It’s been a busy year for Kubernetes, marked most recently by the release of version 1.17, the fourth (and last) release of 2019. Many signs indicate that adoption is growing – that might be putting it mildly – and few omens suggest this will change soon.
“As more and more organizations continue to expand on their usage of containerized software, Kubernetes will increasingly become the de facto deployment and orchestration target moving forward,” says Josh Komoroske, senior DevOps engineer at StackRox.
Indeed, some of the same or similar catalysts of Kubernetes interest to this point – containerization among them – are poised to continue in 2020. The shift to microservices architecture for certain applications is another example.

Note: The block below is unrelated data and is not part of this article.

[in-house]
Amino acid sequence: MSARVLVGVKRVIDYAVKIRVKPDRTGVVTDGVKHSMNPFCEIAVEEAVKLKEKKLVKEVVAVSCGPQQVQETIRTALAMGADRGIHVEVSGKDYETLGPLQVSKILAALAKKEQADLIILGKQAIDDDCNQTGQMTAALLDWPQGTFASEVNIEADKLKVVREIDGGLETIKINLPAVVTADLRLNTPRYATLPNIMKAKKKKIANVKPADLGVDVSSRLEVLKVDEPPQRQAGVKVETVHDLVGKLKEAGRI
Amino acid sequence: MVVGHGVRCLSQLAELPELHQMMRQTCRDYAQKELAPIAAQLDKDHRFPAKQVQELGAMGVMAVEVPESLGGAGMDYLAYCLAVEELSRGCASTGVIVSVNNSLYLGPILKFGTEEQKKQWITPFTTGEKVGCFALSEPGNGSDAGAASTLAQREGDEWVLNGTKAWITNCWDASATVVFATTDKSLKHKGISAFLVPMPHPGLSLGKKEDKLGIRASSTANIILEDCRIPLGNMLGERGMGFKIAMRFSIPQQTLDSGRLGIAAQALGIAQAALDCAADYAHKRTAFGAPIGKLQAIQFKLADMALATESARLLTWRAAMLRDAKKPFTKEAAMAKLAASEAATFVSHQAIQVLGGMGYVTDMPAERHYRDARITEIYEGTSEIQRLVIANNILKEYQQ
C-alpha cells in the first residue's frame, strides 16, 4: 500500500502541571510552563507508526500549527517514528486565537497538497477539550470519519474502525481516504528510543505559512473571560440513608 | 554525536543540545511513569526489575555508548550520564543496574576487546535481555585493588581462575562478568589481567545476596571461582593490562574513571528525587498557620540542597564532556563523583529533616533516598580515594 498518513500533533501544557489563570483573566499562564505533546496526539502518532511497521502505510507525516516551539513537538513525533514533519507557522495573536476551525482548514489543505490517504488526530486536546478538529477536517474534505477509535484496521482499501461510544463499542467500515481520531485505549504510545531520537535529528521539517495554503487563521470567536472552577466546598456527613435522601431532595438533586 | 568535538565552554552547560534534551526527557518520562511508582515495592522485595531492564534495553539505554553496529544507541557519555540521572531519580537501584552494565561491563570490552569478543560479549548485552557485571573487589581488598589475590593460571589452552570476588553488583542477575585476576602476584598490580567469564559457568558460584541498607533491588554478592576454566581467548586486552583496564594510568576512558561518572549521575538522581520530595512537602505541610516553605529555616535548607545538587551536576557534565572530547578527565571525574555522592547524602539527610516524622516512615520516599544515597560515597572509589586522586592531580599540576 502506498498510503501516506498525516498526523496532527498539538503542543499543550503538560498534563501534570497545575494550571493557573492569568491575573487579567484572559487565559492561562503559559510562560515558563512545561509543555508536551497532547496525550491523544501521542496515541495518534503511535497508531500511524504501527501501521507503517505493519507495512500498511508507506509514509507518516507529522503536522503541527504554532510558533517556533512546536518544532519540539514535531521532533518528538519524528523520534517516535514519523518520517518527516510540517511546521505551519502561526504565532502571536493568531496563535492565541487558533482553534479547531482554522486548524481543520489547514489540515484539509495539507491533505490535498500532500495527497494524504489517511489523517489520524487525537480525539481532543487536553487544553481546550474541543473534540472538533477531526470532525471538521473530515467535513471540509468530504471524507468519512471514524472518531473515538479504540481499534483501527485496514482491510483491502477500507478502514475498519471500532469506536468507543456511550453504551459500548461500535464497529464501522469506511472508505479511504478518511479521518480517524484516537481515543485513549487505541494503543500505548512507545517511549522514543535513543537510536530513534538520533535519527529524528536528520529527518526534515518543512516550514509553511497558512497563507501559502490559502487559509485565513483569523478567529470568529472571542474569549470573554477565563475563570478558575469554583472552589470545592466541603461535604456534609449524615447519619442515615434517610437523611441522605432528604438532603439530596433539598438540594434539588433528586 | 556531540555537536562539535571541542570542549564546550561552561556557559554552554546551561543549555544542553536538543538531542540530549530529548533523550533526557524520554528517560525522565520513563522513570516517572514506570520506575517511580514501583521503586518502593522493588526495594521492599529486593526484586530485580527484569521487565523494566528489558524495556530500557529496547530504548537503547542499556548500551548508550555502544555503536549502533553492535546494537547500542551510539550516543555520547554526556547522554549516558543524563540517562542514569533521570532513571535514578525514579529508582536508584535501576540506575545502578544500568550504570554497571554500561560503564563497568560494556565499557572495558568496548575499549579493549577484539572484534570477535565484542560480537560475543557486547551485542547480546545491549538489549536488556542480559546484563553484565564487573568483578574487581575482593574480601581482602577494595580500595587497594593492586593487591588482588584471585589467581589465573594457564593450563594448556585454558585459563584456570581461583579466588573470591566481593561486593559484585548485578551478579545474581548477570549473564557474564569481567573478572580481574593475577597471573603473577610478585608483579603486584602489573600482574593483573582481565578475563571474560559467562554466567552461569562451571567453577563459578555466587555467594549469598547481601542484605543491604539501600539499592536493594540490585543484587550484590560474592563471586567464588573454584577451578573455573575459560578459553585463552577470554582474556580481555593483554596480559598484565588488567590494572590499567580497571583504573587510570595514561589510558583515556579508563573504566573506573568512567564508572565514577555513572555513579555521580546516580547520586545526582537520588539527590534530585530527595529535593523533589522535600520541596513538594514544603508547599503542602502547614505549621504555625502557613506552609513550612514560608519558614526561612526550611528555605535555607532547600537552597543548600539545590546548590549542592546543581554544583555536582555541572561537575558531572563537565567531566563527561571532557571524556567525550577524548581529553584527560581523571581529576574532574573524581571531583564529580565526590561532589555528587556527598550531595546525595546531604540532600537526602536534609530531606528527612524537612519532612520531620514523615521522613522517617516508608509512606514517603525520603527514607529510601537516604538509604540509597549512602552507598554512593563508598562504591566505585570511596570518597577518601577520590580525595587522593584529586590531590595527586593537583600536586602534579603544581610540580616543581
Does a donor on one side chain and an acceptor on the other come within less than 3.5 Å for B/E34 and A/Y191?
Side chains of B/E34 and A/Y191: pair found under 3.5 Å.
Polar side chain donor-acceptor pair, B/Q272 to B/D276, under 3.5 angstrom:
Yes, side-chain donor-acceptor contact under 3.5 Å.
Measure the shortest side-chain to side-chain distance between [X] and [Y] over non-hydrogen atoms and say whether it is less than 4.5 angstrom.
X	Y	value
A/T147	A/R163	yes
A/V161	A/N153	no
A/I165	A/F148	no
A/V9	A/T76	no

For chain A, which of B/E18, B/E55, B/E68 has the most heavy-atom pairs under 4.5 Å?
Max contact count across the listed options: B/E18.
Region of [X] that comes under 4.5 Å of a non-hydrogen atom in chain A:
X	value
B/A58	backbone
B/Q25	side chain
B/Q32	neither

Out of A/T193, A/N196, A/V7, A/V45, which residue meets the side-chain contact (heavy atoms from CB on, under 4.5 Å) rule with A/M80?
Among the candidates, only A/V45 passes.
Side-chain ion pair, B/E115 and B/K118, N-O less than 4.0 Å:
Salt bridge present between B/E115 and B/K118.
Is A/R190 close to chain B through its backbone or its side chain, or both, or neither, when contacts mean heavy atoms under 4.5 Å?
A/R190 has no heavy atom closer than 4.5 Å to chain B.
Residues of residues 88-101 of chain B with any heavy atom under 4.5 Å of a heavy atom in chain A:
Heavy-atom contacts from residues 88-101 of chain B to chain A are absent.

“2020 will see some acceleration by organizations for transformation to a microservices-based architecture based on containers, from a service-oriented architecture (SOA),” says Raghu Kishore Vempati, director for technology, research, and innovation at Altran. “The adoption of Kubernetes as an orchestration platform will hence see a significant rise.”
[ Kubernetes terminology, demystified: Get our Kubernetes glossary cheat sheet for IT and business leaders. ]
Rising adoption is really just table stakes in terms of Kubernetes issues that IT leaders and practitioners should keep tabs on in 2020. Let’s dig into five other probable trends in the year ahead.
Key Kubernetes trends
1. Expect a rising tide of “Kubernetes-native” software
In many organizations, the first step toward Kubernetes adoption to date might be best described as Oh, we can use Kubernetes for this! That means, for example, that a team running a growing number of containers in production might quickly see the need for orchestration to manage it all.